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Best Bits of County Down, Ireland


Having touched down at Belfast Airport at 8am that morning, we hardly took any time to drop our bags off at the Culloden Estate, our home for the next two nights, before heading out to explore County Down, Northern Ireland.


Most people know County Down for its most famous golf course, the Royal County Down, voted number one layout in the world by Golf Digest. There is so much more to see, so leave the clubs at home, and take time to explore our Best Bits.

Mount Stewart

Driving along the gorgeous Strangford Lough, only 25 minutes from the Culloden and central Belfast, you find yourself at one the prettiest houses in Northern Ireland – Mount Stewart, former home to the Marquesses of Londonderry.

The gardens were the pride of Edith, the Marchioness, and they remain just the way she designed them in the 1920’s. As we were visiting, they were just starting to bloom, but still even at the end of March, they were gorgeous.

Lady Edith wasn’t just interested in creating only formal gardens, although the sunken garden is divine, she laid out an Italianate garden, created floral terraces and increased the size of the lake.

Inside the house, it feels as if the Londonderry family has just gone out for a stroll. Having opened after a three-year facelift, everything gleams. The magnificent double height entrance hall invites you in to discover the rest of the goodies inside.

From the grand doors of the hall, you wind your way around the rest of the house. A portrait of our hostess, Lady Edith, in her WWI role as Colonel-in-Chief of the Women’s Volunteer Reserve, sits outside the dining room. During the war, she opened Mount Stewart as an Officers’ Hospital. She also had time to make potpourri-filled baskets to sell to her wealthy lady friends at exorbitant prices to aid the war effort.

My favorite bit of the house had to be the faux bookshelf shutters in the Library.  Look closely and you find that, when shut, the Library appears to have twice as many books.

A highlight of the house has to be the largest Stubbs painting on canvas, although this painting has a bit of a turbulent history. Hambletonian, the subject of the painting only lost one race in his entire career. His owner, Sir Henry Vane-Tempest commissioned Stubbs to do the portrait, but upon delivery hated it so much that he refused to pay for it, leading Stubbs to sue him. Finally they settled, and the painting hangs at Mount Stewart when his daughter became the wife of the 3rd Marquess.

Grey Abbey

It’s a short ride from the 1920’s to the 1190’s. In about 5 minutes by car, you are at Grey Abbey, the remains of a Cistercian church and one of the best examples of Anglo-Norman architecture in Northern Ireland. It was quite spooky walking around the ruins as we were alone and the wind picked up while we moved around the ruins. It seemed like good time to get in our car and continue on.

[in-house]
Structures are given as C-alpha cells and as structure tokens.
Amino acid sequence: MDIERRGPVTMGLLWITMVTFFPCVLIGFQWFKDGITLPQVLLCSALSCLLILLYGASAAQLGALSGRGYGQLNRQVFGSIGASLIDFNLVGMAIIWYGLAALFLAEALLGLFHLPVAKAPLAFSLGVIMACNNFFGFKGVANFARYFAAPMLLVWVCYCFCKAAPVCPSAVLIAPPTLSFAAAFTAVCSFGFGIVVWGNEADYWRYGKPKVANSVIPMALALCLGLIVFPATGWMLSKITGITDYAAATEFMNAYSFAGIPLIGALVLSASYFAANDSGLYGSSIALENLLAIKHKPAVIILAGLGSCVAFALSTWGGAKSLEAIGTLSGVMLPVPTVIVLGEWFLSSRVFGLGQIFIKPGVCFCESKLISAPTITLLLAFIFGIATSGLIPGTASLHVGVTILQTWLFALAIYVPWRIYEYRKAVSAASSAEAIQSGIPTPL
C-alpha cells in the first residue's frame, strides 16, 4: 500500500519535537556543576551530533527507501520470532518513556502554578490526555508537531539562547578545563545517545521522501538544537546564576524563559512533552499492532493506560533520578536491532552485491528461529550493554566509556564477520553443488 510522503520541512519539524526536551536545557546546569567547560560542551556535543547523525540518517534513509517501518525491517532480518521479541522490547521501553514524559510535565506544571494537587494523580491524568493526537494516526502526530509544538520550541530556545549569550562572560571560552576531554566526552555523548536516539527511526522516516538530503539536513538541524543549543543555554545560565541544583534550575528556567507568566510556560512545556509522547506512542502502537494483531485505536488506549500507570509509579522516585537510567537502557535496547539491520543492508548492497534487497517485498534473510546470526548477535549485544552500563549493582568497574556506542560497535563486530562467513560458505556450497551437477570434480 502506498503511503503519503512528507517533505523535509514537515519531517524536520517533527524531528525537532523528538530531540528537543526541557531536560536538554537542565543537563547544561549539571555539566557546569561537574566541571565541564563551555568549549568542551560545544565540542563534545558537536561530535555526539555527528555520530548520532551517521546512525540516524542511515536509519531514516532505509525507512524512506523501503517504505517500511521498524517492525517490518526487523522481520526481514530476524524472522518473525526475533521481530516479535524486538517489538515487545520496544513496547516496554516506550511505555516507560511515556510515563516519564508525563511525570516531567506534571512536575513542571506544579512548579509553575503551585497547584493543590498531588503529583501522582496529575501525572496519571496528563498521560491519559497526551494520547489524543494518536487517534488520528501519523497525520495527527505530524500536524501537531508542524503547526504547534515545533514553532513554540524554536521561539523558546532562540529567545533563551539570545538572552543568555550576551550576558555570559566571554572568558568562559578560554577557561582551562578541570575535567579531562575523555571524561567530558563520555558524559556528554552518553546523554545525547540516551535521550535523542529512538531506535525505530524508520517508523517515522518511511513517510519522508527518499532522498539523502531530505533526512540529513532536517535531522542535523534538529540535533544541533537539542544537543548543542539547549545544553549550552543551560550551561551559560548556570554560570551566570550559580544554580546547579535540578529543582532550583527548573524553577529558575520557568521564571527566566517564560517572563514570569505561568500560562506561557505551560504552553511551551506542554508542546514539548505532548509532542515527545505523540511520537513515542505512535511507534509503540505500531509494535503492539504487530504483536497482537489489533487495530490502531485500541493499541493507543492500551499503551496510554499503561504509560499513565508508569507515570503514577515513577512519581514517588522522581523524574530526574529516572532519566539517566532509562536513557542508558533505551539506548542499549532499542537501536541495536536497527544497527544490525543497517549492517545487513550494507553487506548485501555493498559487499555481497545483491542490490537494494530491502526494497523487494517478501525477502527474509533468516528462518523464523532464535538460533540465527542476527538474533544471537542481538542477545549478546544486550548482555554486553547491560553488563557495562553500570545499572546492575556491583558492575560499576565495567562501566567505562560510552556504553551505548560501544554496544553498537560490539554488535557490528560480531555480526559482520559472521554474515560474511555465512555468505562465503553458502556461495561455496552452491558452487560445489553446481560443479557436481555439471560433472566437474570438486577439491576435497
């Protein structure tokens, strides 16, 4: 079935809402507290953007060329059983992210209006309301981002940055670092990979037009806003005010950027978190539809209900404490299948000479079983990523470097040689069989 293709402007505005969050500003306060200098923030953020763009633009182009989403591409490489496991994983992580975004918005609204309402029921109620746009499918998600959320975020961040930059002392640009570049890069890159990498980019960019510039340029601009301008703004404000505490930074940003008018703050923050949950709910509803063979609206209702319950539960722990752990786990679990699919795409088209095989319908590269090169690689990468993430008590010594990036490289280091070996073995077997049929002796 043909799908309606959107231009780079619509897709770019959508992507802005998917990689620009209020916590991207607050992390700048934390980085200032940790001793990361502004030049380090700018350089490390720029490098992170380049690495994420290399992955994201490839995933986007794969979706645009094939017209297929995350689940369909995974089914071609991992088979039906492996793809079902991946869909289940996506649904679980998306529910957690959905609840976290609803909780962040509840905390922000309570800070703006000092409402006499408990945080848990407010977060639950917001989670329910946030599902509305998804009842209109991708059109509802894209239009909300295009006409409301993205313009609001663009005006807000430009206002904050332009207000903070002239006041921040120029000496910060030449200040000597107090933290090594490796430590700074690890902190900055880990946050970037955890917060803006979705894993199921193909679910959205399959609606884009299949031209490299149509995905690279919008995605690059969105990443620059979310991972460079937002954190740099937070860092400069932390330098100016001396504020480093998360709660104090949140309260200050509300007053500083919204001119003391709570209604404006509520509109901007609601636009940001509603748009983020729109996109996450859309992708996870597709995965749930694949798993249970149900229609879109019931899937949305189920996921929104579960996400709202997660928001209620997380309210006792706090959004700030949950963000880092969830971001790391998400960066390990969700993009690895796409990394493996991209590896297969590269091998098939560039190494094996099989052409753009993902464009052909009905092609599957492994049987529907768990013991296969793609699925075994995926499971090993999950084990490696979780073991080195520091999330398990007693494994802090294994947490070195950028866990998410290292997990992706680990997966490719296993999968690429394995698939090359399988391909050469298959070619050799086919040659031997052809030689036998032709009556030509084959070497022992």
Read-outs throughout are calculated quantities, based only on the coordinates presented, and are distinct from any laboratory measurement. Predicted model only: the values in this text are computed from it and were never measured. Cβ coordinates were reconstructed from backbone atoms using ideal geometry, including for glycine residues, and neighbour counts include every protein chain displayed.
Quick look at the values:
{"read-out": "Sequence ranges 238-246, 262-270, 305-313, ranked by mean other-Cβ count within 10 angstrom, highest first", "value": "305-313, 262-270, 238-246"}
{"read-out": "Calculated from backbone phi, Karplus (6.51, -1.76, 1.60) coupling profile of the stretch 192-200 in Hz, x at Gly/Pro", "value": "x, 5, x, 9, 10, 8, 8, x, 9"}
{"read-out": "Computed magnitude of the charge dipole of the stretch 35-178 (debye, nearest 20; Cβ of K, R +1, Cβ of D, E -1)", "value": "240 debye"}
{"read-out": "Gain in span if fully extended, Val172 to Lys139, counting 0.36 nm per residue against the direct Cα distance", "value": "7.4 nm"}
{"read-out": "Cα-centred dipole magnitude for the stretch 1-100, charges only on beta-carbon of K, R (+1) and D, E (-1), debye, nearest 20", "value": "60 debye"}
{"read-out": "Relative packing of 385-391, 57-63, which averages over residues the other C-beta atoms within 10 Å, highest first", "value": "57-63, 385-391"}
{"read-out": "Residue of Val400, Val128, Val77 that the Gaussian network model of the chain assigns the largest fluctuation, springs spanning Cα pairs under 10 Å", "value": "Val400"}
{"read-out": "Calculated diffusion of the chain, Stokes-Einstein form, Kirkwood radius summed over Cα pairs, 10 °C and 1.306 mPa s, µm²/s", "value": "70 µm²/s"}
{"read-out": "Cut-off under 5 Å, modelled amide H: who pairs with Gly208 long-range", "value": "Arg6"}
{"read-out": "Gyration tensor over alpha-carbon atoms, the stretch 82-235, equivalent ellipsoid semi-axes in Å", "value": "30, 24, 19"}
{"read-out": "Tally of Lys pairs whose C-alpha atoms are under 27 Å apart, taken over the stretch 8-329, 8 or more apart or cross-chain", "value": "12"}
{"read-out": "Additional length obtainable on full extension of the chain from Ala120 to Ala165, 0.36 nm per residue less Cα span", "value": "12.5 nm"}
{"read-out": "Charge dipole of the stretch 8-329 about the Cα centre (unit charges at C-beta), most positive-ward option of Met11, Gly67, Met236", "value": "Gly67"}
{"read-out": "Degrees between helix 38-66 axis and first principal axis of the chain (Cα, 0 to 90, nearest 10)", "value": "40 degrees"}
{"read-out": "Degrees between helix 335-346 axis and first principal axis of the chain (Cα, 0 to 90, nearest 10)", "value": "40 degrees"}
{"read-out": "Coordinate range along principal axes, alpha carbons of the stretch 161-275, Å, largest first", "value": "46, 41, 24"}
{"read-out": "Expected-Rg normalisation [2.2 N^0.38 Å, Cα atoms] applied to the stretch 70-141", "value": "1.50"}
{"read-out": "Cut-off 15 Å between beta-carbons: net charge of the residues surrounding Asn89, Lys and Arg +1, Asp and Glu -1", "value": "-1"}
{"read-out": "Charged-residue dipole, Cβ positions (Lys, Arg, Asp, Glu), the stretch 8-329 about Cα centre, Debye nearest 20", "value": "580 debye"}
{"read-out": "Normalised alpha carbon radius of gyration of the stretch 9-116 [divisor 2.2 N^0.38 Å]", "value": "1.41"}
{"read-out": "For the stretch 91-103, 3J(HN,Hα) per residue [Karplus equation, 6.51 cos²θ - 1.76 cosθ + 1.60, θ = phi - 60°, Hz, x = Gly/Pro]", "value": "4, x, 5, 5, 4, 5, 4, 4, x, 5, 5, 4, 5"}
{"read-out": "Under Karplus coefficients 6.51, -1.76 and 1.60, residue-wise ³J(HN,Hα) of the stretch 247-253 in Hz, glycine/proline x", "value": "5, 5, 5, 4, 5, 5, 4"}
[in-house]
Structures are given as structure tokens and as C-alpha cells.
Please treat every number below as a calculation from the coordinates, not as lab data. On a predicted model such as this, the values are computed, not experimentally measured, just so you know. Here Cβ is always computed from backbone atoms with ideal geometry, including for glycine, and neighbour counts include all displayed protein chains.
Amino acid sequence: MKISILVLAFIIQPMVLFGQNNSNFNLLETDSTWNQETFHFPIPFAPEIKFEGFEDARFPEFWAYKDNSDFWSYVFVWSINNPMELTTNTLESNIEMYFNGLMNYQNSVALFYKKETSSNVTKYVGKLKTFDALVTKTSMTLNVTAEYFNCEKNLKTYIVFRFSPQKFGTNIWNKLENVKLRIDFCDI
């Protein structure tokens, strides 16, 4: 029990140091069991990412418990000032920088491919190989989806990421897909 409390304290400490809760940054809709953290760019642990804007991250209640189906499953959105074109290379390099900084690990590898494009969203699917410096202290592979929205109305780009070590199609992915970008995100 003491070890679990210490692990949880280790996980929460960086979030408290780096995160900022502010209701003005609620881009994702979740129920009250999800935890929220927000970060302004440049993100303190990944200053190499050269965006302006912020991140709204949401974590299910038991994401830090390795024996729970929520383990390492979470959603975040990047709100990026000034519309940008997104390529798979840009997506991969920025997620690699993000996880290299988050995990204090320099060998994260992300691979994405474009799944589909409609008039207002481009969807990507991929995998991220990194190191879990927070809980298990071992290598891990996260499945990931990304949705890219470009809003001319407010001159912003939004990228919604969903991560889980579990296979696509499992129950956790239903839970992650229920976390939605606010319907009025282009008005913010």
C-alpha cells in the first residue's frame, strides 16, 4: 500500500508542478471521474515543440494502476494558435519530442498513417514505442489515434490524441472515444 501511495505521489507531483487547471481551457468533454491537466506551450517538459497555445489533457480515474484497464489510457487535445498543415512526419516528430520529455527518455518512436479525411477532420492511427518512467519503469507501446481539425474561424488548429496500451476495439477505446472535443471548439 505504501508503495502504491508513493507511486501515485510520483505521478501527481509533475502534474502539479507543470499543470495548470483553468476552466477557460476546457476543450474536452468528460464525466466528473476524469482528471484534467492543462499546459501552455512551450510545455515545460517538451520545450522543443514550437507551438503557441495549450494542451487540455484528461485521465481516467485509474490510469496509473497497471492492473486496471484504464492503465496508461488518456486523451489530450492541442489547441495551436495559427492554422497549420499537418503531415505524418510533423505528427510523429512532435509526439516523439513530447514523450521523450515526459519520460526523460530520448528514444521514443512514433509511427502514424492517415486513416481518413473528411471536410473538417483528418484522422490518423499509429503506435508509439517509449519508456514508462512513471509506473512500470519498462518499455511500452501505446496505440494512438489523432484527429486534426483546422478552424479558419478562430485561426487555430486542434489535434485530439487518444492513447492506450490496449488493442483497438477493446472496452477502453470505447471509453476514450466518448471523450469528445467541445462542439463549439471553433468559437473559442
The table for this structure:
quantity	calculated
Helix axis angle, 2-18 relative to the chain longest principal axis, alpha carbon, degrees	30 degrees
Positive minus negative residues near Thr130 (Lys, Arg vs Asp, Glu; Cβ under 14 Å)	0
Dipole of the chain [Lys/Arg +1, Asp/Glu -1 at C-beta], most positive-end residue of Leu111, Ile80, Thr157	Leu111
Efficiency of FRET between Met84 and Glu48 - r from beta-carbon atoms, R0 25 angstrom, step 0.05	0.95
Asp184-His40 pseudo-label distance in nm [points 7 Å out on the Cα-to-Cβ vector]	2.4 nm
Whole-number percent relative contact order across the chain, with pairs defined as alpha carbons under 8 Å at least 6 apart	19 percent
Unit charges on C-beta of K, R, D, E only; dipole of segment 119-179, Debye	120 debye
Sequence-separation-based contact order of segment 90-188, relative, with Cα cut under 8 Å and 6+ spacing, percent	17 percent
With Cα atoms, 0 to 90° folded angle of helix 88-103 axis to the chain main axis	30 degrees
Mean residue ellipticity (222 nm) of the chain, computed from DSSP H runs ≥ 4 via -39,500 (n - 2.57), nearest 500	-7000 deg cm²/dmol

In the little town adjacent to the church, make sure to stop and explore some of the more than 10 antique stores. The Cypriot is sure he found the “lost” Ole Schwalbe, the 1950’s Danish painter. All this shopping made us a bit peckish and we headed down to Portaferry – to be ported by ferry – to Strangford where our lunch was waiting.

The Cuan Inn

Luxury can be defined in so many ways. The Cuan Inn’s fish chowder, made with just caught fish from the harbour next door, is as luxurious as it gets. Served with heaps of brown soda bread and local fish cakes, it took the chill off our bones as winter was coming…

Castle Ward

For those who don’t watch Game of Thrones, this not-as-big-as-it-looks-on-TV farmhouse is where it all began. Just watch the first episode and you will find yourself at Winterfell, home to the Stark family, or as they call it in real life, Castle Ward, where it was all filmed.

Castle Ward itself is much more interesting. These pictures above are not of two buildings but the same, revealing the differing tastes of the 18thC Lord Bangor and his wife. He preferred the Georgian style and she the Gothic – so they compromised and got one side each.

The sunken garden is a treasure that we almost missed. It is walled and off to the centre and one of the most charming sites we had seen all day. The afternoon sun was shining on us and we were able to sit and enjoy it as the sun went down – but there was one important stop to make before we went back to the Culloden.


Our last adventure of the day was to Downpatrick, the burial place of the most famous Irishman of them all, St. Patrick. Buried in a humble spot next to the Down Cathedral, St. Patrick was remembered, on that day before Easter, with beautiful spring flowers laid down on the stone that marked his grave. A lovely spot to take a moment of reflection after a long day, before we headed back to Belfast.

  • The Culloden Estate & Spa, Bangor Road, Holywood, Belfast BT18 OEX, United Kingdom
  • Mount Stewart, Portaferry Road, Newtownards, County Down, BT22 2AD
  • Grey Abbey, Main Street, Greyabbey, County Down, BT22 2NQ
  • The Cuan Inn, Strangford Village, County Down, BT30 7ND
  • Castle Ward, Strangford, Downpatrick, County Down, BT30 7LS
  • St. Patrick’s Stone, Downpatrick, County Down

NB: I was the guest of the Culloden Estate and Spa and I can’t thank them enough for inviting me. 

Everything I write is always my own opinion!

5 thoughts on “Best Bits of County Down, Ireland

  1. John Giusti says:

    Again Best Bits came to the rescue. This post – and the one for County Antrim – completely became my guide for a recent weekend trip to Northern Ireland. I had the best intentions to plan ahead. Fortunately you did all the work for me.

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